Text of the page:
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Big Explosives Experimental Facility (BEEF)
 

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Big Explosives Experimental Facility (BEEF)

 

The Big Explosives Experimental Facility (BEEF) is a hydrodynamic testing facility, located at the NNSS, about 65 miles northwest of Las Vegas. BEEF provides data, through explosive experiments, to support the Stockpile Stewardship Program, along with a variety of new experimental programs that expand the Nation’s non-nuclear experiment capabilities.  

The gravel firing table at BEEFThe gravel firing table at BEEF

 

History
When the DOE’s Lawrence Livermore National Laboratory (LLNL) facility in Livermore, California, was no longer permitted to perform large, high-explosive experiments at the facility due to community encroachment, a new site had to be identified. Fortunately, an ideally configured location already existed at the NNSS. The existing site consisted of two earth-covered, two-foot thick steel reinforced concrete bunkers built to monitor atmospheric tests at Yucca Flat in the 1950s. LLNL moved its high-explosive experiments to the NNSS and BEEF was established in 1994.

 

BEEF is Born
The facility consists of a control bunker, a camera bunker, a gravel firing table, and associated control and diagnostic systems. The facility safely conducts conventional high-explosives experiments using a test bed that provides sophisticated diagnostics, such as high-speed optics and X-ray radiography on the firing table, while operating personnel are present in the bunker.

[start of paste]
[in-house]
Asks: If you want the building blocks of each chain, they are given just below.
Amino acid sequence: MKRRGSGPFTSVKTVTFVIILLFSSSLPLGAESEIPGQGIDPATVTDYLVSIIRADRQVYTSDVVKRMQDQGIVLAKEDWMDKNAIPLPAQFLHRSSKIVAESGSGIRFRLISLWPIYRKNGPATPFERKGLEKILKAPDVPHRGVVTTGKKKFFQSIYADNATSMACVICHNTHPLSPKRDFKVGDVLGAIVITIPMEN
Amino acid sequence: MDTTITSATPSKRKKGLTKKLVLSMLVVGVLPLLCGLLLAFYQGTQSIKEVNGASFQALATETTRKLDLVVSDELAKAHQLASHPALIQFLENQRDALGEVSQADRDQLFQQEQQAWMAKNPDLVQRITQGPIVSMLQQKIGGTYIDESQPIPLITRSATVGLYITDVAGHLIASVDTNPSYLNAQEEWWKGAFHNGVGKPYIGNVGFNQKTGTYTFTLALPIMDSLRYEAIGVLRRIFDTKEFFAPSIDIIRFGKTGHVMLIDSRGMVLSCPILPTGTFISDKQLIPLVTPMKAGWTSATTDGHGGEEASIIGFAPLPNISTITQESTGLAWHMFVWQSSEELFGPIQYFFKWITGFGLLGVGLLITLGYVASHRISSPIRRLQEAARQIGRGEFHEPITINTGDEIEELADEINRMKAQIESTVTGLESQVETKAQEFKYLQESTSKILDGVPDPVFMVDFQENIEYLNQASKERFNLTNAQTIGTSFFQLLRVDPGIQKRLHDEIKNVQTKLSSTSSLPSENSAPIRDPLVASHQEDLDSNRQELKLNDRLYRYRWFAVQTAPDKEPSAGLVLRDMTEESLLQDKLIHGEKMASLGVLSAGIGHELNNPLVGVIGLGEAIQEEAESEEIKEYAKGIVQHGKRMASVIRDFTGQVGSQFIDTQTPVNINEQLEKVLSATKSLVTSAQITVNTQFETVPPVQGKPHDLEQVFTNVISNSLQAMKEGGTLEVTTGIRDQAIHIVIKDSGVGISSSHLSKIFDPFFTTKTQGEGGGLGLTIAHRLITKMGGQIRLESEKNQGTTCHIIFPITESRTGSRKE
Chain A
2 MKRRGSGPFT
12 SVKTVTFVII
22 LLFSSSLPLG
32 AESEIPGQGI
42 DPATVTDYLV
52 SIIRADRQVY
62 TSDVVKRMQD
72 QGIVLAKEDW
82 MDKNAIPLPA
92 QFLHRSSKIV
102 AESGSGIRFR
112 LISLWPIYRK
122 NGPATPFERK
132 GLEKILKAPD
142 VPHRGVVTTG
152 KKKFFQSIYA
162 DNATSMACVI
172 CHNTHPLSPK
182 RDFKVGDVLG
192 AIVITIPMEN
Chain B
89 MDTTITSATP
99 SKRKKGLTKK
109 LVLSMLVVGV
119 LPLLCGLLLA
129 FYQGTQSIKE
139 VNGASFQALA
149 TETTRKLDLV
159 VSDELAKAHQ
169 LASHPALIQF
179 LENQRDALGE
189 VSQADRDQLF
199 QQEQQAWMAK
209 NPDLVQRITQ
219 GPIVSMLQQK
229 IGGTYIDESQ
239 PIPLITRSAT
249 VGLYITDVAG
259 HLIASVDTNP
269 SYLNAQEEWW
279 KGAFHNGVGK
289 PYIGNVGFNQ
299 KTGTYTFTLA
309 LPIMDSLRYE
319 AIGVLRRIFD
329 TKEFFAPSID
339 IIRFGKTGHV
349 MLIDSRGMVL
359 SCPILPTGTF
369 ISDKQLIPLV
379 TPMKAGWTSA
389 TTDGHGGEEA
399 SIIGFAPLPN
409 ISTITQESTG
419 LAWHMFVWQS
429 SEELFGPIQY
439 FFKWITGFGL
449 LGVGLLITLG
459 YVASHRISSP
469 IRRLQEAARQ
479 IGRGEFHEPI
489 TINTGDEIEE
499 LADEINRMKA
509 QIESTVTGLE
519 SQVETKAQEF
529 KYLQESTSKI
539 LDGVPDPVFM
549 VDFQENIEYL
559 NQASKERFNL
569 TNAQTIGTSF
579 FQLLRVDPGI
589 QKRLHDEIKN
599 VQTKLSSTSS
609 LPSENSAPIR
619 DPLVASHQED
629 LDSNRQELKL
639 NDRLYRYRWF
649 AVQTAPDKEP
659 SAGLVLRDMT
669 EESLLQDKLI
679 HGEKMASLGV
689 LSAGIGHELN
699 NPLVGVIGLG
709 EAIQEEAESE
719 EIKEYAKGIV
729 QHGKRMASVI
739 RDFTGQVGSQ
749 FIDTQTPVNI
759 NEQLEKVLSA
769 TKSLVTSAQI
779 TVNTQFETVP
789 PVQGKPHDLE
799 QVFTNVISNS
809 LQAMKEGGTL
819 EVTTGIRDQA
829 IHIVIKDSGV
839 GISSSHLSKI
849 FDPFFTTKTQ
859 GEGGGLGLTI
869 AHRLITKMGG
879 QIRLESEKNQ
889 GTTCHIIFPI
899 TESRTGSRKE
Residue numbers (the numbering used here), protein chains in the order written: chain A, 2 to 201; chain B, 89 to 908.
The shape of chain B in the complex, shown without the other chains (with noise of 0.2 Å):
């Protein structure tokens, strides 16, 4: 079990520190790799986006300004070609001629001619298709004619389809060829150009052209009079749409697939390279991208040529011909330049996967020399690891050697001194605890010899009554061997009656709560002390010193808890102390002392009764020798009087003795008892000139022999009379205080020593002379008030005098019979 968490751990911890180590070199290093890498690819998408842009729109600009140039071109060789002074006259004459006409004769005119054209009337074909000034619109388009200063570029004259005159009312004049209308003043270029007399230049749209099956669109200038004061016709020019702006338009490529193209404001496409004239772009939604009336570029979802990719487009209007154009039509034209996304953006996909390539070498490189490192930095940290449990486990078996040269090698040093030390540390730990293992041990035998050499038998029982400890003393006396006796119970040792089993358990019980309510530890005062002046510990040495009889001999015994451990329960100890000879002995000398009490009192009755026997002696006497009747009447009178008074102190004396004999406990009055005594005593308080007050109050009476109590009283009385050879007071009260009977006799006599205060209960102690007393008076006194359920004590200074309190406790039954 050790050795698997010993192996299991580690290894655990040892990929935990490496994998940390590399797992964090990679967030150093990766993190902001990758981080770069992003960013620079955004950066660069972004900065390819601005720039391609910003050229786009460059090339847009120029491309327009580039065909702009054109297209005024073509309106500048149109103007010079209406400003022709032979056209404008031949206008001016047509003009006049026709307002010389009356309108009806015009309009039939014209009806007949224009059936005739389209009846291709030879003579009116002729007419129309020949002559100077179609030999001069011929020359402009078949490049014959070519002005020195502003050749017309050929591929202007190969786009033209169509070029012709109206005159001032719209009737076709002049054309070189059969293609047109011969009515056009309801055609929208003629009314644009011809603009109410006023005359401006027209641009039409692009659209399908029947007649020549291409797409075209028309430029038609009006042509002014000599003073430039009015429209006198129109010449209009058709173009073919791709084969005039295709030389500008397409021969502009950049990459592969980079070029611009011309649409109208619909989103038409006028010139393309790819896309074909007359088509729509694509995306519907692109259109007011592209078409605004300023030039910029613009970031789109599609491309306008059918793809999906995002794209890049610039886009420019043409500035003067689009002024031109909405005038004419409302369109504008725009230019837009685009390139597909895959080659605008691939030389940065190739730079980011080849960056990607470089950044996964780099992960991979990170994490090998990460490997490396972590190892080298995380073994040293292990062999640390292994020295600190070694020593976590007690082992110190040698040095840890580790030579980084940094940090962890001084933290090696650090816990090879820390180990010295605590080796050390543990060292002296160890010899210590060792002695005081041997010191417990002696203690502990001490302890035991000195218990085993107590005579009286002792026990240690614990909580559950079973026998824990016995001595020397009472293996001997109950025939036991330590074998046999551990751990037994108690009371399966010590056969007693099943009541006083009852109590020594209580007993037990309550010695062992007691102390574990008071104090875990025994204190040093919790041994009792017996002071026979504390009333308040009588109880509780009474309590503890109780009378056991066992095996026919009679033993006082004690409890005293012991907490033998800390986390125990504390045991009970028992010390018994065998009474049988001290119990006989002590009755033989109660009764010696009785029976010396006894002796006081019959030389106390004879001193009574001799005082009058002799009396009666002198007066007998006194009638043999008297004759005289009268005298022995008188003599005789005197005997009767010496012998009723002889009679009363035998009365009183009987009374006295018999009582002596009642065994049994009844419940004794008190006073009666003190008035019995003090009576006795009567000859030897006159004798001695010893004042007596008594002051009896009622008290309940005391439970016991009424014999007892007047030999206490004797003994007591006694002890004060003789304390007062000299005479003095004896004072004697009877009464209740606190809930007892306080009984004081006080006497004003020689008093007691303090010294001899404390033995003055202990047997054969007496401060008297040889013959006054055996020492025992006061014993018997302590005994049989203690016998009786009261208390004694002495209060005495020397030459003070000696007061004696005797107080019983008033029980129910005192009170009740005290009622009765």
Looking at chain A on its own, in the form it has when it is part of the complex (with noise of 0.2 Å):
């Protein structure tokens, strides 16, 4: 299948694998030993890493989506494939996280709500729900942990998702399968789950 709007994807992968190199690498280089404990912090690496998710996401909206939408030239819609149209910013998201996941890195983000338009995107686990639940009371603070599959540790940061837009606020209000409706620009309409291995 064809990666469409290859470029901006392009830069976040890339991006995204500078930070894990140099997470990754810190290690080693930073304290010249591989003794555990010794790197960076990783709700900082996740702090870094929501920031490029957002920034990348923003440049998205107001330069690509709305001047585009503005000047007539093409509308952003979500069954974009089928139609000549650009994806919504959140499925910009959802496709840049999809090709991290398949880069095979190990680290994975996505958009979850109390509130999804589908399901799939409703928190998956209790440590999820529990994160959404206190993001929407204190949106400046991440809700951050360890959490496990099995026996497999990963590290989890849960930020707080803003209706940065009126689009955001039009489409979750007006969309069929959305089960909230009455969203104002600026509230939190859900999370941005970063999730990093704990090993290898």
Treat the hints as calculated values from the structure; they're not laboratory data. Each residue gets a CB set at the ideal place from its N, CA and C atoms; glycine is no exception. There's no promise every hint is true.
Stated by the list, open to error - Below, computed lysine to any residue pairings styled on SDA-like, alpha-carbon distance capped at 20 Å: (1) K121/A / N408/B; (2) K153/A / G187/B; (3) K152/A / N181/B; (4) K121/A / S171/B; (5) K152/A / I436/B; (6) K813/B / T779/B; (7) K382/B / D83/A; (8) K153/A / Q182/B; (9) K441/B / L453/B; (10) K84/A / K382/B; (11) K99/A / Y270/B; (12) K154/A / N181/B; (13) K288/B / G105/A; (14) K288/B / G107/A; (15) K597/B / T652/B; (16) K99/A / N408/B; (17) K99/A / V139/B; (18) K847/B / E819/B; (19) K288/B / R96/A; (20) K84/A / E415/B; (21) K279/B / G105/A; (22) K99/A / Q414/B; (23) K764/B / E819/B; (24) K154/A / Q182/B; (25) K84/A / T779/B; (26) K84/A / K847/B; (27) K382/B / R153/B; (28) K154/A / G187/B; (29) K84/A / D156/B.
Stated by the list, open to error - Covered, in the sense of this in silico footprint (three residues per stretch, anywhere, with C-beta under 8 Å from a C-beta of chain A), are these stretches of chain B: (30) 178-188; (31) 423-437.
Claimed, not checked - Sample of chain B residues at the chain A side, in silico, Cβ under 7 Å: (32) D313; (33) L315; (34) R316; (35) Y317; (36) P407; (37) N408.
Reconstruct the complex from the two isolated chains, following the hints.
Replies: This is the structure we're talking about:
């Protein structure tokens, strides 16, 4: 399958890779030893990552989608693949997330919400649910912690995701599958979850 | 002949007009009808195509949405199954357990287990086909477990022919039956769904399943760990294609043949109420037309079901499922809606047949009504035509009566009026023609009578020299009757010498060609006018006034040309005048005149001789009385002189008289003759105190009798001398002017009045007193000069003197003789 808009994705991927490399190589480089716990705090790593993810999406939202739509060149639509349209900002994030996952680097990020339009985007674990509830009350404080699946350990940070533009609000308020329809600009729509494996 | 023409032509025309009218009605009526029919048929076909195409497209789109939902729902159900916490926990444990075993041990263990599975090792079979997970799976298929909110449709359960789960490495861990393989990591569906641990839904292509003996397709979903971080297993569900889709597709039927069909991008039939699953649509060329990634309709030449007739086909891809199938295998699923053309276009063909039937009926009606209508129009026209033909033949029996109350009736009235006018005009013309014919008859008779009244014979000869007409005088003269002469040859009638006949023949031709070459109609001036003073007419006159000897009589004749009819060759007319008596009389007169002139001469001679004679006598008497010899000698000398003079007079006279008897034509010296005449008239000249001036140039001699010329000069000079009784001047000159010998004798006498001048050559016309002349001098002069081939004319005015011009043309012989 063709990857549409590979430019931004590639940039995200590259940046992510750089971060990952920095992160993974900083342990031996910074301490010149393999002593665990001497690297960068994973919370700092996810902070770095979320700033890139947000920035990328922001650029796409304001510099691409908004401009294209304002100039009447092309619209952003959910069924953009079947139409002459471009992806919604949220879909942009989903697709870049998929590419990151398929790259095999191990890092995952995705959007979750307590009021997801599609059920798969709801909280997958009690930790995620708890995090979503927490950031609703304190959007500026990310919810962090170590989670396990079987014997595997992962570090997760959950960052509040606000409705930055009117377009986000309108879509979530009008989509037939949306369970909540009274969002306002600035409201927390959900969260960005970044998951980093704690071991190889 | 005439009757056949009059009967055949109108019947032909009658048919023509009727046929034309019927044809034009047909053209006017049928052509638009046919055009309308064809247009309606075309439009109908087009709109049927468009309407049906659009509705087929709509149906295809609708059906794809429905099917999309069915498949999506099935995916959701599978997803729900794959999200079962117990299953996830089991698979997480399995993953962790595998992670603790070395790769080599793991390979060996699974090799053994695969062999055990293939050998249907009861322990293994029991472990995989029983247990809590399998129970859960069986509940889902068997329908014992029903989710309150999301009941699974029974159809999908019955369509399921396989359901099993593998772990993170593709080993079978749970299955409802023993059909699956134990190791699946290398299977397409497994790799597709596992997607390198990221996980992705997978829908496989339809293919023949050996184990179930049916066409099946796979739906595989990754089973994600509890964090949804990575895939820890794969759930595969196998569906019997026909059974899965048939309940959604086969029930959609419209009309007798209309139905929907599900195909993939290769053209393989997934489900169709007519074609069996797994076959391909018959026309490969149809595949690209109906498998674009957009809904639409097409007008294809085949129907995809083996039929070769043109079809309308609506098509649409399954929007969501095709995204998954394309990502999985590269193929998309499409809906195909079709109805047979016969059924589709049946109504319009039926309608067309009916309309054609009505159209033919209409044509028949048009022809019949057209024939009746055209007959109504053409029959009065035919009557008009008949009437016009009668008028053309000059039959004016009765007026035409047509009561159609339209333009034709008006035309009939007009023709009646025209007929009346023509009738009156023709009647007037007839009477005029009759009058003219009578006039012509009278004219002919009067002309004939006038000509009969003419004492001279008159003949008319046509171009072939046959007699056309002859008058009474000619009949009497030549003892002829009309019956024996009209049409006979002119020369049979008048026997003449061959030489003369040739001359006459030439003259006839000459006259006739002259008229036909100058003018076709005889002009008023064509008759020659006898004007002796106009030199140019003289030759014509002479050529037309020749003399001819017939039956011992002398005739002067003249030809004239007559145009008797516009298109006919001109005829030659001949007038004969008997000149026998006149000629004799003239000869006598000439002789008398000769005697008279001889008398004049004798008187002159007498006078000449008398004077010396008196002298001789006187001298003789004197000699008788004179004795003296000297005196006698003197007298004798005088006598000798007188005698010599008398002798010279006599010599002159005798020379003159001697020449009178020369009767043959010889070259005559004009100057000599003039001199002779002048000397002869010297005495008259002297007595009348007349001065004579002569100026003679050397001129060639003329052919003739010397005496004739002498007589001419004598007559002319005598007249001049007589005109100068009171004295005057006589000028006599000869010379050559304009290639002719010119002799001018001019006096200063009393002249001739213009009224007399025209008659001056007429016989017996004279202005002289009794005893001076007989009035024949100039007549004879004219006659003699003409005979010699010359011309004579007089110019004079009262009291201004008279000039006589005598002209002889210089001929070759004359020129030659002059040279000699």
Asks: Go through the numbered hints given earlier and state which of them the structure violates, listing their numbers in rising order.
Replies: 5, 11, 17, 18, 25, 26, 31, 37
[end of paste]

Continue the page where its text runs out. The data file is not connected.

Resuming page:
Before large conventional high-explosive experiments could be conducted on the site firing table with operating personnel present in the control bunker, it had to be certified as safe. To achieve this, scientists conducted “Popover”—a series of high-explosive (up to 7,800 pounds) tests which were detonated 27-feet from the bunker’s buried outer wall.

WATUSIWATUSI is one of the largest activities conducted at BEEF by Los Alamos National Laboratory. The 36,600 pound TNT-equivalent, research and development activity was designed to validate low-end detection capabilities associated with ground motion and the acoustic footprint of an explosives detonation.

 

BEEF plays a significant role in accumulating data to support the Stockpile Stewardship Program. Scientists conduct weapons physics experiments, using high-explosives and pulsed laser power, to study and investigate impacted materials as they are merged together by the detonations.

 

Additionally, the programs exercise the design and experiment skills resident in the primary development groups at the national laboratories. These will be required for the execution of future stewardship and management missions. As with other NNSS experiment programs, continued operation of BEEF will aid in maintaining nuclear test or experiment readiness. These activities continue the work begun during the nuclear testing era..